What to expect from betting

Tipwise has predictably been the star performer in the early part of 2018 with some ridiculously impressive totals and although January was a good month for most, February was much trickier.  A combined loss of over 500 units was recorded, the worst for a long time, though in fact, only the 2nd losing month in the last 21 months (based on tipsters who are still active). The overall returns that the site has genrated for each of the last 21 months has been updated on the subscriptions page.

A losing month after backing a lot of tips can be enough for people to give up or look at changing/tweaking their strategy. If you’re already doubtful that you can make a profit long-term then it’s all to easy to use a poor spell as self-fulfilling proof that making money regularly from betting can’t be done. This is not necessarily the case though and whilst bettors should be weary of being too hasty to trust profitable tipsters/systems, it’s also important not to be too hasty writing them off either.

I’ve written before that what tends to happen is people see excellent results and decide to start following a tipster, only to give up after a losing spell, after which he fires off a number of big winners.

If you’re staking sensibly then any bet that you’re confident of achieving value in is a good bet and you should keep going until you get as near to conclusive proof as you can that you’re not getting value anymore.

Just how do you do this? Well, you make sure you are beating the starting price more often than not and you evaluate your set of results to see if they are still typical of a profitable system. Those who are mathematically capable might use something like the monte carlo method to evaluate their results. For those of you who aren’t though this article on how often professional bettors get paid gives you a rough idea of what to expect when betting on the horses.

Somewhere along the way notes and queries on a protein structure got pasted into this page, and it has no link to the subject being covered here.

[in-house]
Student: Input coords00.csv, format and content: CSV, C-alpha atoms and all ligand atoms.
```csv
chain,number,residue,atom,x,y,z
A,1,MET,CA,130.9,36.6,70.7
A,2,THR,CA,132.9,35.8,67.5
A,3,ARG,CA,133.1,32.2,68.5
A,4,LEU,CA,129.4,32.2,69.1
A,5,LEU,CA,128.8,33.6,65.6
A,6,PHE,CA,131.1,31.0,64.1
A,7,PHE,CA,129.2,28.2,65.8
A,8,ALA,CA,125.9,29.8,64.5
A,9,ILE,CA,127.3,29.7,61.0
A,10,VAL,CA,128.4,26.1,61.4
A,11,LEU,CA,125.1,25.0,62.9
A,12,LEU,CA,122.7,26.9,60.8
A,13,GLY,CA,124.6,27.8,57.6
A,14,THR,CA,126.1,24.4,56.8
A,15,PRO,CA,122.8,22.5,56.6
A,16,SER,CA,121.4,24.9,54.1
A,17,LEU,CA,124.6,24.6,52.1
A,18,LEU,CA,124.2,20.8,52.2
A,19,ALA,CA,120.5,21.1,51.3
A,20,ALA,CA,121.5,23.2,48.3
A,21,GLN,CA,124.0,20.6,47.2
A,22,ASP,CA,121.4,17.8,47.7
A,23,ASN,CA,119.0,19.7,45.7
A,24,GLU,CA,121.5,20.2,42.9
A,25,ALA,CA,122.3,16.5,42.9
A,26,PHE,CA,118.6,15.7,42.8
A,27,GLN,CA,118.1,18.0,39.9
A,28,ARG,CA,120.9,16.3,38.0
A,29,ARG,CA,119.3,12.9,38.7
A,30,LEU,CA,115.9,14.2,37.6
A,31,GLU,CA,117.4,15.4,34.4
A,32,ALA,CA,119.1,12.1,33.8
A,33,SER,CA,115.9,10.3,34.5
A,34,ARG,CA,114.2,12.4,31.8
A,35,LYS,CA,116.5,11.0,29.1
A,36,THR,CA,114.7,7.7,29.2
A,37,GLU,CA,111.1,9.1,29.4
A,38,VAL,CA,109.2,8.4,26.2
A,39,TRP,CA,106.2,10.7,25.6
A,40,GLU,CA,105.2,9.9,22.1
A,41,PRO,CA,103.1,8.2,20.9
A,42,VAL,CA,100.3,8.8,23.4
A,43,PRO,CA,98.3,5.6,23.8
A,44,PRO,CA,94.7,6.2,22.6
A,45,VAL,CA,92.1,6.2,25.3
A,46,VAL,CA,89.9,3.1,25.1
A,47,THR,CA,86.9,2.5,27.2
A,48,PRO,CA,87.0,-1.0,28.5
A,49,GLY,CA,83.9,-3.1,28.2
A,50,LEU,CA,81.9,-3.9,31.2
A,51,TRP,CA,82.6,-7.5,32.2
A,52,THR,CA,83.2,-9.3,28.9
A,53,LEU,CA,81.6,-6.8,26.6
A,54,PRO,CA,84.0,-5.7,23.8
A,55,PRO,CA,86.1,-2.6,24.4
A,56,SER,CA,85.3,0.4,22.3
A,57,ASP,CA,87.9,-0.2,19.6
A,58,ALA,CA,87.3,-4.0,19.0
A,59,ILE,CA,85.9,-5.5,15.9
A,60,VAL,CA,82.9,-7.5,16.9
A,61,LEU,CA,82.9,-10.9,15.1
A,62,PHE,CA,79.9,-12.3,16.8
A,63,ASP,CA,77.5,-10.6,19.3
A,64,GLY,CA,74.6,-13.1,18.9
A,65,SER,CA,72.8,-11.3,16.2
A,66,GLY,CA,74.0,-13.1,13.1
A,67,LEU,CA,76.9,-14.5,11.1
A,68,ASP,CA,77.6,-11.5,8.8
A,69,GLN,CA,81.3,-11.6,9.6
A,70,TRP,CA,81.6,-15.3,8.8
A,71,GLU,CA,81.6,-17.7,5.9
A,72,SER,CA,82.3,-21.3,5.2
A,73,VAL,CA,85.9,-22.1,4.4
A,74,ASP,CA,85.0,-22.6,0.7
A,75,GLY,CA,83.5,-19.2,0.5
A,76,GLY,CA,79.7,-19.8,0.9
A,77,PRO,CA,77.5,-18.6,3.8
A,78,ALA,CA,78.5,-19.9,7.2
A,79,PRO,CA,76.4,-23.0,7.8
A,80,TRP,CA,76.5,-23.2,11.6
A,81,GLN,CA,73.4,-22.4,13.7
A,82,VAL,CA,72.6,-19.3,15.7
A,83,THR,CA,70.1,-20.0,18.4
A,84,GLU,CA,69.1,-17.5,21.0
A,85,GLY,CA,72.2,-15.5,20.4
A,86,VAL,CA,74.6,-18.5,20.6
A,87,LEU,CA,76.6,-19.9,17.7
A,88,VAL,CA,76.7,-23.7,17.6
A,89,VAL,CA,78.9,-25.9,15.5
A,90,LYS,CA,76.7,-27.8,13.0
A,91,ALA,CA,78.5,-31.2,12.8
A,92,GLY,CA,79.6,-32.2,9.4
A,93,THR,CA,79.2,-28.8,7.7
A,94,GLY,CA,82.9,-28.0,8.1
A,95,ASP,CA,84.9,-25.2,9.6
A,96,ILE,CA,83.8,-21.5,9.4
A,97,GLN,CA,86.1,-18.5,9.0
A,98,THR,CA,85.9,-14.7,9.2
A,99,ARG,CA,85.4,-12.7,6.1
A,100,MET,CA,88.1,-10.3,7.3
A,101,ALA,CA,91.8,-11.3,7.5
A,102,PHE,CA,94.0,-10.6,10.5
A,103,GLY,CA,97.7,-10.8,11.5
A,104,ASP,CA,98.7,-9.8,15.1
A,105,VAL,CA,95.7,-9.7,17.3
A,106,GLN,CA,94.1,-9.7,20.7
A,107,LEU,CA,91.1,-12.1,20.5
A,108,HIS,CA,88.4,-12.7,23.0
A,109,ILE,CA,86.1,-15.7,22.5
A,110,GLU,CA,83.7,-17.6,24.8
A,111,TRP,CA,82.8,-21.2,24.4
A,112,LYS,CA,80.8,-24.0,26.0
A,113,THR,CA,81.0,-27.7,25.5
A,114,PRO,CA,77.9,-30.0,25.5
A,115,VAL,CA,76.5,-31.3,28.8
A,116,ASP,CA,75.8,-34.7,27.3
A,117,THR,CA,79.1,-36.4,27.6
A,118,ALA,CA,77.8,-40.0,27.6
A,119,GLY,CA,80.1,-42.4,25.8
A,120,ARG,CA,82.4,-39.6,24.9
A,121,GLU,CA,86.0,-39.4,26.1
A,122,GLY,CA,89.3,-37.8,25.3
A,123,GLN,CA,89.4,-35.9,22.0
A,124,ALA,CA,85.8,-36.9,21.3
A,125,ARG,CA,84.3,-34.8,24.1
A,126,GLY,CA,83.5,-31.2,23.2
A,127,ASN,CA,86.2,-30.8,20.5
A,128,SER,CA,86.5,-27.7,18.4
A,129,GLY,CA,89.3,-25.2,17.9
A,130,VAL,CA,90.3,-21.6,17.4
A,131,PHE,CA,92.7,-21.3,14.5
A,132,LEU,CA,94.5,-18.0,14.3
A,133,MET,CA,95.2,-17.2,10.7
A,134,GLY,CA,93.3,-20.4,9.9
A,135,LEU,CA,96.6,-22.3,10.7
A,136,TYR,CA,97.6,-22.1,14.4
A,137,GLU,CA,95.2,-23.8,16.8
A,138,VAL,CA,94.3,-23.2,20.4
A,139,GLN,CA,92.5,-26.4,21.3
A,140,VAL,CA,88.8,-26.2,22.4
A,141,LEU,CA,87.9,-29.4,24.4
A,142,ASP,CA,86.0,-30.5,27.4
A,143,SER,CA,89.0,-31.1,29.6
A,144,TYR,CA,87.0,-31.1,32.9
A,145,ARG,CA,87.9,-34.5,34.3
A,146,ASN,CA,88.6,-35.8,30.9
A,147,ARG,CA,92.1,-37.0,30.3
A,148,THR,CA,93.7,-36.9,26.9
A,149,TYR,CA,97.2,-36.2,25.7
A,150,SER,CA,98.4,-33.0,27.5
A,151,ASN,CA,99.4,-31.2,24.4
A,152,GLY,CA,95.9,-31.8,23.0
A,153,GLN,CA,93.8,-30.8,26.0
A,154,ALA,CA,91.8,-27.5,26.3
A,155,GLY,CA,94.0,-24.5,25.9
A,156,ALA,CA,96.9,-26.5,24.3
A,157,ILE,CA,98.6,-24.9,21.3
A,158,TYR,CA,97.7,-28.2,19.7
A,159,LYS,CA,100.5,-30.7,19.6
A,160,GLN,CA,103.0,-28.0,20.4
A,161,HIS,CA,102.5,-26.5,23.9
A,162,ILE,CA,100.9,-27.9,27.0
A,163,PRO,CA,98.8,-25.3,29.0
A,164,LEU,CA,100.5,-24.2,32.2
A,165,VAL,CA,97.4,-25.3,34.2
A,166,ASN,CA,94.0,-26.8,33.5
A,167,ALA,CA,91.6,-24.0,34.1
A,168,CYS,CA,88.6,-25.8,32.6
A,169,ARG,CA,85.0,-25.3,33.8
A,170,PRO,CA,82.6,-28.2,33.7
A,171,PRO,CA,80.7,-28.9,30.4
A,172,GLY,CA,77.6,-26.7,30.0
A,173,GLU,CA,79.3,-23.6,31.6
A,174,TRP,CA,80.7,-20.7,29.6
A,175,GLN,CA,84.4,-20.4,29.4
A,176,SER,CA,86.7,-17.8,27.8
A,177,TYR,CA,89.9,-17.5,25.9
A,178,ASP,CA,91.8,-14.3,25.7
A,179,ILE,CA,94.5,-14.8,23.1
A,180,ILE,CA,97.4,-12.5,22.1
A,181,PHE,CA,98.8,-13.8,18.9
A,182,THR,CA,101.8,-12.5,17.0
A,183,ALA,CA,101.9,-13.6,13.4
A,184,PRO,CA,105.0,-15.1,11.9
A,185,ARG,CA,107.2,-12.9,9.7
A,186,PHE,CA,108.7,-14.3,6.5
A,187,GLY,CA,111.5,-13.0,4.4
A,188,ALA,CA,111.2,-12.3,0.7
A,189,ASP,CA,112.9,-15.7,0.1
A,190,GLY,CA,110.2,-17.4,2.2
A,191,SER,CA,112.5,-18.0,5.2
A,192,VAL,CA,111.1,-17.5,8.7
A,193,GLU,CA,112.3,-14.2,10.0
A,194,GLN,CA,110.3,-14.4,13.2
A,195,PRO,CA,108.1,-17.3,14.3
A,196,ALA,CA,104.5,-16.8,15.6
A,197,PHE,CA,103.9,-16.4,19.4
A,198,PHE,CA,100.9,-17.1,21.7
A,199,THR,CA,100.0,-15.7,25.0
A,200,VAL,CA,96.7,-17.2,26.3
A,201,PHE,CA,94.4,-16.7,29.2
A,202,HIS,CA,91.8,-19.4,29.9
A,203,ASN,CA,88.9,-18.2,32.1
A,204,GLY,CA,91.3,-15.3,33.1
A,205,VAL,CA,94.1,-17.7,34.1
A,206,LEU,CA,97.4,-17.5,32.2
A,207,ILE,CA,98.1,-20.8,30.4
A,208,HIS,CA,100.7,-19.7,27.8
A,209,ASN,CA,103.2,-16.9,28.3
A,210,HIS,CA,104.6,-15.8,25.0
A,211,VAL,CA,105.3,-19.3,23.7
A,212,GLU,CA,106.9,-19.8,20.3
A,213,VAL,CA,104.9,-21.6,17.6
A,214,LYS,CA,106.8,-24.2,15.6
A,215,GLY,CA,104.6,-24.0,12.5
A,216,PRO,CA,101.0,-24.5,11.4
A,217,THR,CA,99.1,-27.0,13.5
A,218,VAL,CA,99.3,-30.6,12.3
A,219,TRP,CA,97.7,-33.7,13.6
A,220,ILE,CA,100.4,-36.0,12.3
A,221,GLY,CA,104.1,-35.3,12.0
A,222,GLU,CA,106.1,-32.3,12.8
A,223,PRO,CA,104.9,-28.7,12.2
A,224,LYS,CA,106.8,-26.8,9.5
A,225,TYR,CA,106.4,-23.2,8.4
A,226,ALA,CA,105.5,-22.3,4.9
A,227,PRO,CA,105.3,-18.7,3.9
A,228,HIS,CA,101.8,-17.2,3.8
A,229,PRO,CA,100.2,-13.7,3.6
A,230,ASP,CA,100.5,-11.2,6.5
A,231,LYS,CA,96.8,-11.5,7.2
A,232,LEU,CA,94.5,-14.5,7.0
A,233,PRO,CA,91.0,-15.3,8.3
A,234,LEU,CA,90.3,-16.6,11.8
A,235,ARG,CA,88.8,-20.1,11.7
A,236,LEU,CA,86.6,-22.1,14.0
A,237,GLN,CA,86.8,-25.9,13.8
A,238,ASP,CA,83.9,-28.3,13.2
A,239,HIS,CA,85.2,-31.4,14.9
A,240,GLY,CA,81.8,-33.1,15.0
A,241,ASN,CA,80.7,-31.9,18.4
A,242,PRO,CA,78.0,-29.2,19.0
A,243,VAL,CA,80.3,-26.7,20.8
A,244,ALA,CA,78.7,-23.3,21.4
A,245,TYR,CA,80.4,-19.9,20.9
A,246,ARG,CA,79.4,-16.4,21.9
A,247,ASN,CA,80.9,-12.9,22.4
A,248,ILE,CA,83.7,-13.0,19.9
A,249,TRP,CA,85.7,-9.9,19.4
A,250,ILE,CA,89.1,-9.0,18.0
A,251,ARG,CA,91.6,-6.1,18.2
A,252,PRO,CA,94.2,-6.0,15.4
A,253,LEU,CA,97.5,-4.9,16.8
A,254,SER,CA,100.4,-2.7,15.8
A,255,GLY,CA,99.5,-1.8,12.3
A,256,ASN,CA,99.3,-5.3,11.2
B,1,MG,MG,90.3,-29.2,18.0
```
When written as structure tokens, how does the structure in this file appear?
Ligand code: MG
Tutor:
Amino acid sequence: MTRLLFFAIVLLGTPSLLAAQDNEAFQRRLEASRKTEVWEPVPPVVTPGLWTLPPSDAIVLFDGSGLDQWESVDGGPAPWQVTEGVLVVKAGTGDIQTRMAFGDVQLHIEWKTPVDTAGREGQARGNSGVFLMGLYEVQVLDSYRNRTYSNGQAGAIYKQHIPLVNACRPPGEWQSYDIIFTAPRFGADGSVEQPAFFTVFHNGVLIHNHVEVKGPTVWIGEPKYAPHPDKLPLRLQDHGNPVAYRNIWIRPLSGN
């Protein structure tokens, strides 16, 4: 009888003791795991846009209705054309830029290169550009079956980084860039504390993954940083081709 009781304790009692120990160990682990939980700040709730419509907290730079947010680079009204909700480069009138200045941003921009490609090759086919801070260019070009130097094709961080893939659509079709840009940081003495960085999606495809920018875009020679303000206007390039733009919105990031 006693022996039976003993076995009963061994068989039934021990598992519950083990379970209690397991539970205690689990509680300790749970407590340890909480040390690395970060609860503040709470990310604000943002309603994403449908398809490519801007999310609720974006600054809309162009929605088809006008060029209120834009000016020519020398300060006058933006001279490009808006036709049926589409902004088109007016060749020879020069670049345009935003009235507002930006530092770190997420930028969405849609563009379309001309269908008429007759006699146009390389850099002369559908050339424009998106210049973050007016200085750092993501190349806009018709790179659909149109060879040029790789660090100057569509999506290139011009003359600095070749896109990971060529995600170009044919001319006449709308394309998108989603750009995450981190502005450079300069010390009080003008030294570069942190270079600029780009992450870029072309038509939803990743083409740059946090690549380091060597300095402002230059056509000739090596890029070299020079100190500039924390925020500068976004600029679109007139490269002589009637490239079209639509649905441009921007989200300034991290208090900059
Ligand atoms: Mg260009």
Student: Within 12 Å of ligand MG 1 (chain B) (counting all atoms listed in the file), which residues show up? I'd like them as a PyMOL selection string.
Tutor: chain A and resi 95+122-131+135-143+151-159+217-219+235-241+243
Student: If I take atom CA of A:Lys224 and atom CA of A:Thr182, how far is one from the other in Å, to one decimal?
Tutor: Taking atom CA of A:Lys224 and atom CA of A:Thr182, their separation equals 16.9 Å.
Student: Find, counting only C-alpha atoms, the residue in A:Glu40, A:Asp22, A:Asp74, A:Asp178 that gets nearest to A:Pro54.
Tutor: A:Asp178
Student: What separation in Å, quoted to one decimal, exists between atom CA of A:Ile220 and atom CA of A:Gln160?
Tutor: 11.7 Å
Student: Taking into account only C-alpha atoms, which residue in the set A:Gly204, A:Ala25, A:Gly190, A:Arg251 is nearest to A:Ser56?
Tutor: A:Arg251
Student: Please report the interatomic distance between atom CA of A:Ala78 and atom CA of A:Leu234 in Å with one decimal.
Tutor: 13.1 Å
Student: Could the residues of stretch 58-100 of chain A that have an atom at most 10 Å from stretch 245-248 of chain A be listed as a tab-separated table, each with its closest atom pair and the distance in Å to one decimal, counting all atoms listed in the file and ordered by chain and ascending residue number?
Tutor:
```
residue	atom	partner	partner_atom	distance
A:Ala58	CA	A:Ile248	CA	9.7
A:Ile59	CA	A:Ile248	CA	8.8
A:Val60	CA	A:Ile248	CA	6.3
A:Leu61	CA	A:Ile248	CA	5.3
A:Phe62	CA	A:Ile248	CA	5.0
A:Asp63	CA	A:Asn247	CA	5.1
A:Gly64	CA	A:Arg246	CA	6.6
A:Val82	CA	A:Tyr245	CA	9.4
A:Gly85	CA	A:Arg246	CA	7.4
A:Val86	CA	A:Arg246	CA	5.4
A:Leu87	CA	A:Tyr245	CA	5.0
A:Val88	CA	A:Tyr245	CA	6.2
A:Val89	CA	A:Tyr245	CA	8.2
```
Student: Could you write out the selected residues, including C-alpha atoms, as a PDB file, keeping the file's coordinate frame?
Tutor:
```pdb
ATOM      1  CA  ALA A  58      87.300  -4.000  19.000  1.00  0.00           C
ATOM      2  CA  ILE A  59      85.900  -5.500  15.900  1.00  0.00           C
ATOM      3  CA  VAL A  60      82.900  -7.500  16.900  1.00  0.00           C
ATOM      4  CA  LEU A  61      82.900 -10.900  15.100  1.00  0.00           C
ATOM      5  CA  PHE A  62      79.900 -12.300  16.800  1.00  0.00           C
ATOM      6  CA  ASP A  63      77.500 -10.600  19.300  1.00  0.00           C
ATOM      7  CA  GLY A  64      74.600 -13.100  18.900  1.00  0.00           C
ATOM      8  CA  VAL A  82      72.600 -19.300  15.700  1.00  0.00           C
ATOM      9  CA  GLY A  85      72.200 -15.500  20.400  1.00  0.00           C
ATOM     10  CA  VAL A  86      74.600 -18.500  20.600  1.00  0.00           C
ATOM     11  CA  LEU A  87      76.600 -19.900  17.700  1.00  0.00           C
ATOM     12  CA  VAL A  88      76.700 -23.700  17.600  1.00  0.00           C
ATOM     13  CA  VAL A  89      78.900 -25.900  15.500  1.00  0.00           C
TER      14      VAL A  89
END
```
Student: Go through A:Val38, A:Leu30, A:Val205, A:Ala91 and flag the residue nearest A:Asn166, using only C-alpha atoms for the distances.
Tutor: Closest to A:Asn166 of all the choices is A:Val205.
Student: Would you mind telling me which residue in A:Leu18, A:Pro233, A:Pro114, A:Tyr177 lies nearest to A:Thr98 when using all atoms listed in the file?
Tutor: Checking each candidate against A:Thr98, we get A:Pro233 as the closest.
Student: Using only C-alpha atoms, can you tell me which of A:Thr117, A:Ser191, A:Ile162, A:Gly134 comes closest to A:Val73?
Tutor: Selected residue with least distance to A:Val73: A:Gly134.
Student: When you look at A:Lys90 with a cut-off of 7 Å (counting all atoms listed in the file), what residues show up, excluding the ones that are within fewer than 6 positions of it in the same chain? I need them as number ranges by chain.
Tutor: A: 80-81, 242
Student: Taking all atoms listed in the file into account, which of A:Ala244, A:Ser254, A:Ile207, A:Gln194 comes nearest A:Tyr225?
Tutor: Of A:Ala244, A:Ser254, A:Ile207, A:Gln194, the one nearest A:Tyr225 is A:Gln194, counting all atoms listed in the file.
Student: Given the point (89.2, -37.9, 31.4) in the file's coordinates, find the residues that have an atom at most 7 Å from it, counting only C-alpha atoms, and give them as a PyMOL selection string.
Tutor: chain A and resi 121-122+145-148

What is also clear is the impact of the higher variance when betting at longer odds. Over a relatively small sample of wagers such as this, luck will play a much bigger role at longer prices. Even with a healthy advantage we can still expect to lose money in a significant number of months.

At odds of 10, the probability of a making a loss is about 27%, with an expected return of 120%. That’s hardly much of an improvement on betting those odds when we hold no advantage at all (43%). By contrast, our monthly expectations when betting short odds of 1.5 are much more influenced by the size of the advantage we hold and much less so by chance.

The article demonstrates that even when betting at value prices of 10/1  and expecting a return of 120% from 50 bets you are still likely to have a losing month at least every 1 in 4. Increasing the amount of bets you make helps matters and makes a losing month less likely to be as regular but you have to ensure you maintain your edge. Something that isn’t always easy.

Whilst betting solely on one high performing tipster is great, if you are able to include a couple more tipsters who are clearly finding value, the increased amount of bets makes a losing month less likely.

Being able to place all the extra bets at advised prices, being sure you’re maintaining your edge and being able to afford the extra tips at your usual stake are all considerations though. Like most things in life, it’s about striking the right balance for you.